Kingston is a Canadian city located in Eastern Ontario where the St. Lawrence River flows out of Lake Ontario. The city is sited at the mouth of the Cataraqui River (south end of the Rideau Canal). Growing European exploration in the 17th century and the desire for the Europeans to establish a presence close to local Native occupants to control trade led to the founding of a French trading post known as Fort Frontenac in 1673. The fort became a focus for settlement. Located midway between Toronto and Montreal, Kingston was named the first capital of the Province of Canada on February 15, 1841, by Governor Lord Sydenham. While its time as a political centre was short, Kingston has remained an important military installation.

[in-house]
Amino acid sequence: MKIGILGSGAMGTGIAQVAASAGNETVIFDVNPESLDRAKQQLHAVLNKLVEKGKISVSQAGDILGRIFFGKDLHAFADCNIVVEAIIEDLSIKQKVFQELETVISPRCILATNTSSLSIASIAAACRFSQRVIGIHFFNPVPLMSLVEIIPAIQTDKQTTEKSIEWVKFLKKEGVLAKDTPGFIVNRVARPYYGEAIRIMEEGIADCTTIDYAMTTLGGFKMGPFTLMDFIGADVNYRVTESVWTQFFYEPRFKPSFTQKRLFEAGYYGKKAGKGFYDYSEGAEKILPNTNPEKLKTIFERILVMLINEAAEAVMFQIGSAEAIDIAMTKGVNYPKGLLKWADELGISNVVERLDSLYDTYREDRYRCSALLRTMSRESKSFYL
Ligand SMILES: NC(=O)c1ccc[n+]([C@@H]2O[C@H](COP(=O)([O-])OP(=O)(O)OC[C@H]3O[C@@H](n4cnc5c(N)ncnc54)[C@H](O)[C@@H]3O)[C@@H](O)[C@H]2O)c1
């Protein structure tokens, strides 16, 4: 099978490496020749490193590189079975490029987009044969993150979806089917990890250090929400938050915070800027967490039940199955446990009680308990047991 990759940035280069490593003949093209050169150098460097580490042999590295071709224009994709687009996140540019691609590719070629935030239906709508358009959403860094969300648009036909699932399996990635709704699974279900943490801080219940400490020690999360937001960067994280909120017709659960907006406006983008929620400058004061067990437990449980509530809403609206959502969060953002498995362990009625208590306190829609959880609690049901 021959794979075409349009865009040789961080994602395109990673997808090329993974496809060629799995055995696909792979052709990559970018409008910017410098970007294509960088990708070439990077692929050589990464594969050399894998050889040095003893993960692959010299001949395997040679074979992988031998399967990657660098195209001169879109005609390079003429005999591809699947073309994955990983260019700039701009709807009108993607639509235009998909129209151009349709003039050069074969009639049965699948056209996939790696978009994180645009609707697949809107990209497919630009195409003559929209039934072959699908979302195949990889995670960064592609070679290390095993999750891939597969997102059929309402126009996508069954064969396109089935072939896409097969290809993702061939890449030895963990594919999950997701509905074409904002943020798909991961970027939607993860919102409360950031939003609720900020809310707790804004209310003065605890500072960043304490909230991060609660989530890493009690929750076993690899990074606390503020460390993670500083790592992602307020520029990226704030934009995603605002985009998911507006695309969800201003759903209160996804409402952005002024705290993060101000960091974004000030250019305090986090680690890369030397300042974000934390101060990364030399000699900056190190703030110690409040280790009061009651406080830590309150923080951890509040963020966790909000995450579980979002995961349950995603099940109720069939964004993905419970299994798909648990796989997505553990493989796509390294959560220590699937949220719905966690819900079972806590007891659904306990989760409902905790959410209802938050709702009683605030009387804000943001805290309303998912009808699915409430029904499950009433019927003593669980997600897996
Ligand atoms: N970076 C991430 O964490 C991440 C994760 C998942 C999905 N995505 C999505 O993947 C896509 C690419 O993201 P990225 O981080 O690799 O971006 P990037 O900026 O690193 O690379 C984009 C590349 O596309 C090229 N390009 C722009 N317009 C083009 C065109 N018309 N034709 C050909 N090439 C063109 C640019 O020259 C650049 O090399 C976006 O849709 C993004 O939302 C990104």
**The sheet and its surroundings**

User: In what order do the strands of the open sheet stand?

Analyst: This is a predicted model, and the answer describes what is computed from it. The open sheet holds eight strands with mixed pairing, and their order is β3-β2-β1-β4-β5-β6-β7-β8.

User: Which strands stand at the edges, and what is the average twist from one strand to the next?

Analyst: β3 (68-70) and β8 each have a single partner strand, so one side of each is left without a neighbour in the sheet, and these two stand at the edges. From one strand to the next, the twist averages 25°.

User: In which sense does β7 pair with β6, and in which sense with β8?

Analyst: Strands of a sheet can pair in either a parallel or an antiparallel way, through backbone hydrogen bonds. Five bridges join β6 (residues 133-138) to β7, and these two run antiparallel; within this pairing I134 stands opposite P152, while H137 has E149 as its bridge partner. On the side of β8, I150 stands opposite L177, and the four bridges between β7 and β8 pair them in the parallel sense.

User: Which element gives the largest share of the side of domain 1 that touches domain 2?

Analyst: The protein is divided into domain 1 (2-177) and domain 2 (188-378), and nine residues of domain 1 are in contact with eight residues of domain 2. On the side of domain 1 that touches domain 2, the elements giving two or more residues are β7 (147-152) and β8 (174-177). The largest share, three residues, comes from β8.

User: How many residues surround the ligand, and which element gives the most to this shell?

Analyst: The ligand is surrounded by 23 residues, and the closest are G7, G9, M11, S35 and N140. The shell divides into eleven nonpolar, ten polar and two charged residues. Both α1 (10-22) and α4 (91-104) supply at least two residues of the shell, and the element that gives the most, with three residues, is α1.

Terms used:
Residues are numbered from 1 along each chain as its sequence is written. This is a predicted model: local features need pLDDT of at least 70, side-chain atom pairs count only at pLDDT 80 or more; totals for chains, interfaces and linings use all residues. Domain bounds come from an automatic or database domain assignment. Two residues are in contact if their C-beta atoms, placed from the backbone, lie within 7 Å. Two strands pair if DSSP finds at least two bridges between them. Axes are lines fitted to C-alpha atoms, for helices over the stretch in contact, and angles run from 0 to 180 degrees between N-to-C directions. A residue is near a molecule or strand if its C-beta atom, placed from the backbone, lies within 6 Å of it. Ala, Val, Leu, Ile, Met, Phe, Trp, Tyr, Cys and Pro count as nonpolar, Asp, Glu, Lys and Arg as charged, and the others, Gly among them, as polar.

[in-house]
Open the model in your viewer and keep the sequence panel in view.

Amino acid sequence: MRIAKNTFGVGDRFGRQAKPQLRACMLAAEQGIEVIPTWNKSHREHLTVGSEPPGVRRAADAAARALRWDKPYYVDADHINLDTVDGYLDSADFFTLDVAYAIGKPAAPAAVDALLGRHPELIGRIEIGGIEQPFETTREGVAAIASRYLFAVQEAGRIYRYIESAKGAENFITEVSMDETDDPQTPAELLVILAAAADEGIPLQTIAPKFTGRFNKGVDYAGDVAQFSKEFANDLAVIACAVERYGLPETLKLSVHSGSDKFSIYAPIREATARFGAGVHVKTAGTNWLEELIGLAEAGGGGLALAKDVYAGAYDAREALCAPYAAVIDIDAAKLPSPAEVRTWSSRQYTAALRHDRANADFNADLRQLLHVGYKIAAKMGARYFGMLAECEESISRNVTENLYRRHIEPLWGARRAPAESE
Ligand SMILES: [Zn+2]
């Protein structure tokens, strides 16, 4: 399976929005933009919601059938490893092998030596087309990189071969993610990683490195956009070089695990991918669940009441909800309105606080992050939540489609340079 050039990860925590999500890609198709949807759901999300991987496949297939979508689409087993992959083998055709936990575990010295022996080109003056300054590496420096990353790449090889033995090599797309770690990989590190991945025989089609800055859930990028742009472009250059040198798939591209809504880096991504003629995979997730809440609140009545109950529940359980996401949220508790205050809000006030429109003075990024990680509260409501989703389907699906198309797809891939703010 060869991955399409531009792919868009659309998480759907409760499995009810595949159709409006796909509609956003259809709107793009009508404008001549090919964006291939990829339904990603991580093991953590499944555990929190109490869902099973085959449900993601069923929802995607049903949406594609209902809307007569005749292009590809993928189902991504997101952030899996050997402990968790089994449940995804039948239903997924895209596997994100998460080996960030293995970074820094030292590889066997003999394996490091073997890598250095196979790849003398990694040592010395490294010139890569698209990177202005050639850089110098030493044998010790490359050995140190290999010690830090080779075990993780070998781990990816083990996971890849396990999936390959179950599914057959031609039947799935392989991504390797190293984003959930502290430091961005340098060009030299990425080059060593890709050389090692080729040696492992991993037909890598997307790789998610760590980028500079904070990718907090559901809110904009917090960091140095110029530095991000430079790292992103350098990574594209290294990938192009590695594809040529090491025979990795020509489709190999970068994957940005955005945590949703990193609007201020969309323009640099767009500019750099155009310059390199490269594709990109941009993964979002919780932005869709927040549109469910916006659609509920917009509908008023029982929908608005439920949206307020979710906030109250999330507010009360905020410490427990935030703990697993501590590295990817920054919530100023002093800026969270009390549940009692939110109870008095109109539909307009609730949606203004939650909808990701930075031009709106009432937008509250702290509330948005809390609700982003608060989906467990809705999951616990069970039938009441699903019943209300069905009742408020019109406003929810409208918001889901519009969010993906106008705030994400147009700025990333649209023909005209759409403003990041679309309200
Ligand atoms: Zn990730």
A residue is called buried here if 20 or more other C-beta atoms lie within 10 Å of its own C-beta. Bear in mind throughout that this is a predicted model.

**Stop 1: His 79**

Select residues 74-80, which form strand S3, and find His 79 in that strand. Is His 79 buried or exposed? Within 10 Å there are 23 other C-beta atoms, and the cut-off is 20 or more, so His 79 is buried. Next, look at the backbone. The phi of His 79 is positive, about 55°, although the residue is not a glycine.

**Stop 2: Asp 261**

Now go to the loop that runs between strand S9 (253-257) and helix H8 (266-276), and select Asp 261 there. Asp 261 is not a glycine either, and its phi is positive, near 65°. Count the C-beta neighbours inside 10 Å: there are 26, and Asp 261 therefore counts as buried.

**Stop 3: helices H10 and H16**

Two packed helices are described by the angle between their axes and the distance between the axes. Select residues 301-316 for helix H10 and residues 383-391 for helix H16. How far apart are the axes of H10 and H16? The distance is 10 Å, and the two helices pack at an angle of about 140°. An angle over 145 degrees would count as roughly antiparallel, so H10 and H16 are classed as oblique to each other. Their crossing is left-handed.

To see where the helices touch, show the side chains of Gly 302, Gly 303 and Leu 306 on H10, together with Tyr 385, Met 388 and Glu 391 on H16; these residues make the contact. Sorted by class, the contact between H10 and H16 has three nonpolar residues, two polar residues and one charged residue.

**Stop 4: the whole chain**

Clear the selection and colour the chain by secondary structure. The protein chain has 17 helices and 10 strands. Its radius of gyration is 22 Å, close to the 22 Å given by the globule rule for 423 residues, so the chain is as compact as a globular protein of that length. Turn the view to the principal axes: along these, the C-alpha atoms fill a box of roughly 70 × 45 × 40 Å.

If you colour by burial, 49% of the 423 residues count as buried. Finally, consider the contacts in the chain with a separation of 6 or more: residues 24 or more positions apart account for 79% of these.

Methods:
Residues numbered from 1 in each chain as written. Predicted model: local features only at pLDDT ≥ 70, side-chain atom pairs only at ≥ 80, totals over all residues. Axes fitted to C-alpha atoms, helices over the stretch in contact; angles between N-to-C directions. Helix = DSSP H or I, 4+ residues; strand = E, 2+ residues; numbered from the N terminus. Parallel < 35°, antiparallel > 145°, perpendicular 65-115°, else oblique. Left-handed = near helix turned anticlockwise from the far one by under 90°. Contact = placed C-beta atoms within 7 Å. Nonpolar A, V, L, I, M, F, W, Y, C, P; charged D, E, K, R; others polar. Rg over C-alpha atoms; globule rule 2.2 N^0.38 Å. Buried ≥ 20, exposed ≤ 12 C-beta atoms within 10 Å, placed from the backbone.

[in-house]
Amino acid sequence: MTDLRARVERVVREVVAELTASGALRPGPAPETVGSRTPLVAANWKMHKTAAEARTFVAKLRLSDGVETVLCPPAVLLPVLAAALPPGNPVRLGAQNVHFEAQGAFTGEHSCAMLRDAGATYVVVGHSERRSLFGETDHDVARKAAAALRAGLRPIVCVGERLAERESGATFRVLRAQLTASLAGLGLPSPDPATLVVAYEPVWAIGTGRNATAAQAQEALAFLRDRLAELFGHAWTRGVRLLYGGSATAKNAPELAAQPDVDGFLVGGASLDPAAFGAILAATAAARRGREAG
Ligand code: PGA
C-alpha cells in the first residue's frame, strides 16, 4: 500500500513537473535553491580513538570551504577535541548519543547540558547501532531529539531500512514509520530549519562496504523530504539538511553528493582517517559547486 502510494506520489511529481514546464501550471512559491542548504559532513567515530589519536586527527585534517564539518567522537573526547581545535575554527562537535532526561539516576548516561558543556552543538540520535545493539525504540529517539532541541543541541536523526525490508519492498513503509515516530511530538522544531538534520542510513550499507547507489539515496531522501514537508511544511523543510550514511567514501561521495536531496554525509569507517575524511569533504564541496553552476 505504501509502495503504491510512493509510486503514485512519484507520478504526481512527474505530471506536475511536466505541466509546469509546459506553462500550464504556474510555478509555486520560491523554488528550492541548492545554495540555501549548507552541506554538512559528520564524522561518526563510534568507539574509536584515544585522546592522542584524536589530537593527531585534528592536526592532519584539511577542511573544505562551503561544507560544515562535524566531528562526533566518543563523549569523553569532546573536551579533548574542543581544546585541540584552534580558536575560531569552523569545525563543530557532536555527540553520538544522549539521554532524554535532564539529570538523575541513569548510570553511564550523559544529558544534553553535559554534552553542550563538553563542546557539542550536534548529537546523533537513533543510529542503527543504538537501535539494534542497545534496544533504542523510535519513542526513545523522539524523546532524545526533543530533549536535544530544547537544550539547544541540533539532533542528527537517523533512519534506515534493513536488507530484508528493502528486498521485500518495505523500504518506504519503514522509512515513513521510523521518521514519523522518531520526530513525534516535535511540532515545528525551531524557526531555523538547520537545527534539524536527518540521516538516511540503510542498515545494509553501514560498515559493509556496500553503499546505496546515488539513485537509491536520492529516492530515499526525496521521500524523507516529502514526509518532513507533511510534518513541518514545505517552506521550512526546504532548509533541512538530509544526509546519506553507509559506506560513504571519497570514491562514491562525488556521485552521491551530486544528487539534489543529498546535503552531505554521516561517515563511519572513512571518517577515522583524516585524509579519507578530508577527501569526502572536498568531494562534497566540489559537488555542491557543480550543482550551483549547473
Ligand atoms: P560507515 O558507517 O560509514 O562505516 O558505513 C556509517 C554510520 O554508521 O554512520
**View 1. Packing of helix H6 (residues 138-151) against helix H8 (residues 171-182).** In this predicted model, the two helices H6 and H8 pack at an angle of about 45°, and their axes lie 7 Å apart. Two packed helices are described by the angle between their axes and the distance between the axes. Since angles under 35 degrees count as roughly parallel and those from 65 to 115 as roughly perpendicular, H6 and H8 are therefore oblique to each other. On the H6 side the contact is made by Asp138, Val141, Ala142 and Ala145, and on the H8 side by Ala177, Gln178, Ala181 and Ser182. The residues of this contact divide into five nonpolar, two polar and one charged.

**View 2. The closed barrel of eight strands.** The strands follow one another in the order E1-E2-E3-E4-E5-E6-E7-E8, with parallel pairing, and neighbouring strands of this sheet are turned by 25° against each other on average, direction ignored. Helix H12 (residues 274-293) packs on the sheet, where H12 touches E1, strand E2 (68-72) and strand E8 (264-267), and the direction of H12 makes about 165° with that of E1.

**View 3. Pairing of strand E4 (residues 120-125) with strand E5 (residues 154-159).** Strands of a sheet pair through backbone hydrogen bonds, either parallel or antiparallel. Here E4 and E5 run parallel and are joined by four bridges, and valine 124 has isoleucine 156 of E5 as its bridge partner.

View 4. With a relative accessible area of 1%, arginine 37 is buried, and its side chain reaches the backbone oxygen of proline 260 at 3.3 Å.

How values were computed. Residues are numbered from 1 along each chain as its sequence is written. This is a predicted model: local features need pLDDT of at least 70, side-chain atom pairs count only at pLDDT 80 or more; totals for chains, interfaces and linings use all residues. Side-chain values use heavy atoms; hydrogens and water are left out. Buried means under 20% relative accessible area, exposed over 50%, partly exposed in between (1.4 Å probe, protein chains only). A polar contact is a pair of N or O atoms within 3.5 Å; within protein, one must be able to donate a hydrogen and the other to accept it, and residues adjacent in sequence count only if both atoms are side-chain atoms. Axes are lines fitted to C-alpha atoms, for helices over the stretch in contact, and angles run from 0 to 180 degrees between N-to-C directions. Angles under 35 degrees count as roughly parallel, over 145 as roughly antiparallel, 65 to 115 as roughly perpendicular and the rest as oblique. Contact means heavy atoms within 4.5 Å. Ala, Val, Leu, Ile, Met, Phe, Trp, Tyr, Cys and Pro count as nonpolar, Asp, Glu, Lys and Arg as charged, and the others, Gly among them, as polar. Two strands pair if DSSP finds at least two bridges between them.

Archaeological evidence suggests that Native peoples lived in the Kingston region as early as the Archaic Period (about 9,000–3,000 years ago). Evidence of Late Woodland Period (about 1000–500 AD) early Iroquois occupation also exists. Settlement by Native groups in the Kingston area began about 500 AD. The main Native group that occupied the area before the arrival of the French was probably the Huron, who were later displaced by Iroquoian groups. At the time the French arrived in the Kingston area, Five Nations Iroquois had settled along the north shore of Lake Ontario. Although the area around the south end of the Cataraqui River was often visited by Iroquois and other groups, Iroquois settlement at this location only began after the French established their outpost. By 1700, the north shore Iroquois had moved south, and the area once occupied by the Iroquois (which includes Kingston) became occupied by the Mississaugas who had moved south from the Lake Huron and Lake Simcoe regions.